Here's one that's good for a giggle. It was revealed at this year's SVP that Archaeopteryx was, in fact, rather black, thus ending the long reign of the 'sparkleraptors'. The above Archaeopteryx isn't the worst ever anatomically, but wow - those colours. Those searing, horrifically clashing colours. It reminds me of Quentin Blake's illustrations of the Roly-Poly Bird. Interesting to note, Archaeopteryx is included on a spread alongside a gathering of different pterosaurs, but none of its dinosaurian relatives - an example of the strange old trend of keeping Archaeopteryx apart from other dinosaurs.



Finally, here's one that I've included because it's the exception that proves the rule (and because peculiar illustrations are a lot more fun to look at than blandly good-enough ones). Once again, poor old Tyrannosaurus is subjected to sub-par treatment, in this case adopting a very peculiar 'BOO!' pose while its cranium and mandible go in different directions. Dixon's text takes an odd turn here too, speculating that the forelimbs of Tyrannosaurus were "possibly used for picking its teeth". This in spite of the fact that, as every kid who's read a dinosaur book knows, T. rex had 'arms so short that they couldn't even reach its mouth'. What the hell, Dougal? At least the long-snouted Spinosaurus here is impressively forward-thinking.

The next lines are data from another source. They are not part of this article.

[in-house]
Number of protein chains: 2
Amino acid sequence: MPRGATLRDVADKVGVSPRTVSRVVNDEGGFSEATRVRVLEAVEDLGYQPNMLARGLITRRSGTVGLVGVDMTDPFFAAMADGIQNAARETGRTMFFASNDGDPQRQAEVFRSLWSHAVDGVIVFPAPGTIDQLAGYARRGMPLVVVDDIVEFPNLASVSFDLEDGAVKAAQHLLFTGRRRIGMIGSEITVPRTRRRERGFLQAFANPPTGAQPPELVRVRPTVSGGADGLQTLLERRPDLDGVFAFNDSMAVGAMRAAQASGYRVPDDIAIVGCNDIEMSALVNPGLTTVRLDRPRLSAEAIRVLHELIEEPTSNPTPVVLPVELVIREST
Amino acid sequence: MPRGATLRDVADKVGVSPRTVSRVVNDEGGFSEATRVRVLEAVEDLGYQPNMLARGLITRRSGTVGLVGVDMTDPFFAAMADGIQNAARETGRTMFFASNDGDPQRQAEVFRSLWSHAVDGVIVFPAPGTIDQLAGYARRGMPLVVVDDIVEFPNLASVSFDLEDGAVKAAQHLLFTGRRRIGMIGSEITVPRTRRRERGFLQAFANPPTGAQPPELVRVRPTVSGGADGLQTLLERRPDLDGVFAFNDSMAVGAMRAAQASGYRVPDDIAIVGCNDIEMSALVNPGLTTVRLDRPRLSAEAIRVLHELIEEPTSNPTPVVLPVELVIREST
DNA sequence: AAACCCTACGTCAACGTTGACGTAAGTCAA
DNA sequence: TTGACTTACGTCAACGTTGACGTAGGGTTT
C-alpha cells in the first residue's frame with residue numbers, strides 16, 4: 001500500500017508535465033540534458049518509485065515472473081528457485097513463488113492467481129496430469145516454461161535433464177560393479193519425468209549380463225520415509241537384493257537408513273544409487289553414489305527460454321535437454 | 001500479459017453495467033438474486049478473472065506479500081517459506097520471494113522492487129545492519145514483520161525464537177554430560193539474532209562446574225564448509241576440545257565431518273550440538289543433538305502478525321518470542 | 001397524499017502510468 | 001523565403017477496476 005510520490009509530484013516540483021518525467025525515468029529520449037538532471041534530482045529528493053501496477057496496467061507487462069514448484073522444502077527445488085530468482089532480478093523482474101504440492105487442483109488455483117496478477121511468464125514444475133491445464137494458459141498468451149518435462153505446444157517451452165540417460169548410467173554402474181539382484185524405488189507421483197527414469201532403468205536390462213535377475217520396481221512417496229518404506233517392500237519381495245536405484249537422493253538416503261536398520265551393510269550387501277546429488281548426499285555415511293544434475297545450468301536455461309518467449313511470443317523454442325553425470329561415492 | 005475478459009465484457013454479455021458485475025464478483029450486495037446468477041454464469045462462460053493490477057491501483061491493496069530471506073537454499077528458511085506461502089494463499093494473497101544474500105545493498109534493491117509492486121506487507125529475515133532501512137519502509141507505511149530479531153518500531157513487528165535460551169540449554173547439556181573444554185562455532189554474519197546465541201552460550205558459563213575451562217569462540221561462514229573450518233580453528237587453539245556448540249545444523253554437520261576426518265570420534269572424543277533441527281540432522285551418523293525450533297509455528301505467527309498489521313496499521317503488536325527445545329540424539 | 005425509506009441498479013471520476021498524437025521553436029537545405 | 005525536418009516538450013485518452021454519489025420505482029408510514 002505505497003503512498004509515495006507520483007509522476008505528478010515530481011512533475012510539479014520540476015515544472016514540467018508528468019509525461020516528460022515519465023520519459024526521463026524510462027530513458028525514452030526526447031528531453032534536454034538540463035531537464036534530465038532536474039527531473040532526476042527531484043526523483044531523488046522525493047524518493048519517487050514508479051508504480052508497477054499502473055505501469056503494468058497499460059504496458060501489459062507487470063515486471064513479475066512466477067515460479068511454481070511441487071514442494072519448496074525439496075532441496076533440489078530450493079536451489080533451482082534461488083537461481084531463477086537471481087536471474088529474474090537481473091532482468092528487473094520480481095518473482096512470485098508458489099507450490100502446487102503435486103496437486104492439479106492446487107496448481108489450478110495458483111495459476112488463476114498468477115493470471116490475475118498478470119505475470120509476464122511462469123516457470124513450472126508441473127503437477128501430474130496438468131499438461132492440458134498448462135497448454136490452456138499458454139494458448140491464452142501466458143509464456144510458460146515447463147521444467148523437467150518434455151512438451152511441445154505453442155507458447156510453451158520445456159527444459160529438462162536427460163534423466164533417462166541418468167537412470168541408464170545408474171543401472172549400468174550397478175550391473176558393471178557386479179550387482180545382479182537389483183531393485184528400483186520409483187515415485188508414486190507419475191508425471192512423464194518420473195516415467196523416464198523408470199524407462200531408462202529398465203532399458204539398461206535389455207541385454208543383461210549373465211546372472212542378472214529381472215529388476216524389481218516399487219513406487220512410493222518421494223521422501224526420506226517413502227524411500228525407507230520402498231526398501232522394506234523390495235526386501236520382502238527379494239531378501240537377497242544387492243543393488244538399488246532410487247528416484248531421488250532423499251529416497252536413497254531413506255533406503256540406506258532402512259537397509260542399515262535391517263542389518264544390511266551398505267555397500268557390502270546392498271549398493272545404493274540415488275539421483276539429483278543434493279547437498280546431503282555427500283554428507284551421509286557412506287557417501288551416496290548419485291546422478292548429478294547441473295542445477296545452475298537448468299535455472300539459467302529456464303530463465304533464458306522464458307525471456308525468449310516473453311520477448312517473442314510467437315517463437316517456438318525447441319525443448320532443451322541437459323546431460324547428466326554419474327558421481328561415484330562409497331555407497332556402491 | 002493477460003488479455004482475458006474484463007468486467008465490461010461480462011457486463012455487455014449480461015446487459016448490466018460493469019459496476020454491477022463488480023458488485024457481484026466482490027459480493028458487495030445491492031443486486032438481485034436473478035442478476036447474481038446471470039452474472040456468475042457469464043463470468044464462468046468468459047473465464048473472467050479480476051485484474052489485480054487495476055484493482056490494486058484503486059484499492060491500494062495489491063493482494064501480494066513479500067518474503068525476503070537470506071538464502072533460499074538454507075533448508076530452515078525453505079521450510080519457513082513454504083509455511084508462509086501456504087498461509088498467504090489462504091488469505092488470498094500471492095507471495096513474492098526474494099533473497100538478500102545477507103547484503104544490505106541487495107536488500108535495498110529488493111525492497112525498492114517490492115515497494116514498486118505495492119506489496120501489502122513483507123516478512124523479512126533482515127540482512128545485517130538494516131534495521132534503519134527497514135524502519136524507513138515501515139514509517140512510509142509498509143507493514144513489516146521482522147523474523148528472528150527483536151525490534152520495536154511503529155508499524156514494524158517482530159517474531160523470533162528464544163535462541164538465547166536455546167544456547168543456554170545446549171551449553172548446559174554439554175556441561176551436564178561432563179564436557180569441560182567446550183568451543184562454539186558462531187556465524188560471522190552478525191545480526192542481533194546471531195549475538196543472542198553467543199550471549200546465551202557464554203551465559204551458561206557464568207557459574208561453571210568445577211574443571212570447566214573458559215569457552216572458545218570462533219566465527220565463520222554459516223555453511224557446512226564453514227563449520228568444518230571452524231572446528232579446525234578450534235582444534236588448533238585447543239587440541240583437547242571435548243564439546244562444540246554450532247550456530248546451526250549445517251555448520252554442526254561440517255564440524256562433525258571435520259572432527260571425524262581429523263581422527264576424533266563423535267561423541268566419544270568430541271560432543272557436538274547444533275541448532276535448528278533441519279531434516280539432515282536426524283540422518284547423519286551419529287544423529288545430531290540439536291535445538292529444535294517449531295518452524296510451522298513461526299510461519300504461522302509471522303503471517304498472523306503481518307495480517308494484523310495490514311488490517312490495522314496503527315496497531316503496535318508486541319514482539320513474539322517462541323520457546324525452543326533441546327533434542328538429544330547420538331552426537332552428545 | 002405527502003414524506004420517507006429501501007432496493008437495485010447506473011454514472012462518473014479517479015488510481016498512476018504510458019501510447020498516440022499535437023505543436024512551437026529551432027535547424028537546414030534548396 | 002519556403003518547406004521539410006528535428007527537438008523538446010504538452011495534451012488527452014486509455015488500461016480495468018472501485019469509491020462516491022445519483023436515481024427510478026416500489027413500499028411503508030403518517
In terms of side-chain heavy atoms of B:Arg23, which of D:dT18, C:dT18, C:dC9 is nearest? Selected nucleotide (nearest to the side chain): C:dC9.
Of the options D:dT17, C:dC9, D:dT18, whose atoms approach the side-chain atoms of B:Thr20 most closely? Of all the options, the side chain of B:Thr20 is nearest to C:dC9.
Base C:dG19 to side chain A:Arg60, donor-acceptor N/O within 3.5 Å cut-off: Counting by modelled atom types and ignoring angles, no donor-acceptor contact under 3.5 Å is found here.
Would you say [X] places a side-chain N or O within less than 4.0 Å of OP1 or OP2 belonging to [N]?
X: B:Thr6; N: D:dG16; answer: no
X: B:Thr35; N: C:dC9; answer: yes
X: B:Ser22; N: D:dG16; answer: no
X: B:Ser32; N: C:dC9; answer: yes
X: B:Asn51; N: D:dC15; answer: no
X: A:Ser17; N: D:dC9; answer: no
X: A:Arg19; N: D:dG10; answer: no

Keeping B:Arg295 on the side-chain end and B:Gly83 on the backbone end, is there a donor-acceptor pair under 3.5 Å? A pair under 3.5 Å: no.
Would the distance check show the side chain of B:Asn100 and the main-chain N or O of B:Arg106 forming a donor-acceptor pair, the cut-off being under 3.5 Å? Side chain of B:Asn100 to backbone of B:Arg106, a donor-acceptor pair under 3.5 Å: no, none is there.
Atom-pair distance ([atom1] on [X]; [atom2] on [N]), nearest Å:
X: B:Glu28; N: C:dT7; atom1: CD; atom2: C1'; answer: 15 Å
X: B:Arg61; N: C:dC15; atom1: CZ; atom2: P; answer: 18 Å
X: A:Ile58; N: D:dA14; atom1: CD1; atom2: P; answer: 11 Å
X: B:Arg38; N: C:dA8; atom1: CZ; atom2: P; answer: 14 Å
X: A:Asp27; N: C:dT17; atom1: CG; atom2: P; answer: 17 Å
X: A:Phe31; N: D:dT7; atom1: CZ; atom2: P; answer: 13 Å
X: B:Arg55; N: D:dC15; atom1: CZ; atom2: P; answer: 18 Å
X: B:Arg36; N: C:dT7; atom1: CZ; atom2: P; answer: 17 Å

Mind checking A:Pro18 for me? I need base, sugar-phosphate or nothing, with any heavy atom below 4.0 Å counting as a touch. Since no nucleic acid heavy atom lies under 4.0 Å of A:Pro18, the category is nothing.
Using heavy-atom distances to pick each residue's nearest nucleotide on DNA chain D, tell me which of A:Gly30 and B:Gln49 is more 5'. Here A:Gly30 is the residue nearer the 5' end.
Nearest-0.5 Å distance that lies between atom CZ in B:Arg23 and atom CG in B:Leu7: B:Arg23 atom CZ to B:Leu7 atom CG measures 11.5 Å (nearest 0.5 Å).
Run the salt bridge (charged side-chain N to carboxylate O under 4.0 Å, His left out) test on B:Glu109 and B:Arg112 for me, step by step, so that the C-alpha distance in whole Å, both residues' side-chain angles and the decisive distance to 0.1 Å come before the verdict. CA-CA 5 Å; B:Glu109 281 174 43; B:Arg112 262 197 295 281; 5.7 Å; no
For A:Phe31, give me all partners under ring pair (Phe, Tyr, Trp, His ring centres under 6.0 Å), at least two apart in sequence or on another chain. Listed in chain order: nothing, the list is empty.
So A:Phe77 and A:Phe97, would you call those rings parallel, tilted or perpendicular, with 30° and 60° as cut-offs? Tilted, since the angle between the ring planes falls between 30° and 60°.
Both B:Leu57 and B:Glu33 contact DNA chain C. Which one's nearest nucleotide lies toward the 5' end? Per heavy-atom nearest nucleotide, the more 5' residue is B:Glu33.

Still, all in all I need to look a lot harder to find antiquated, interesting and/or amusing dinosaur books. Preferrably not from the '90s, and preferrably cheap. We'll see where my efforts get me!

8 comments:

  1. "The above Archaeopteryx isn't the worst ever anatomically"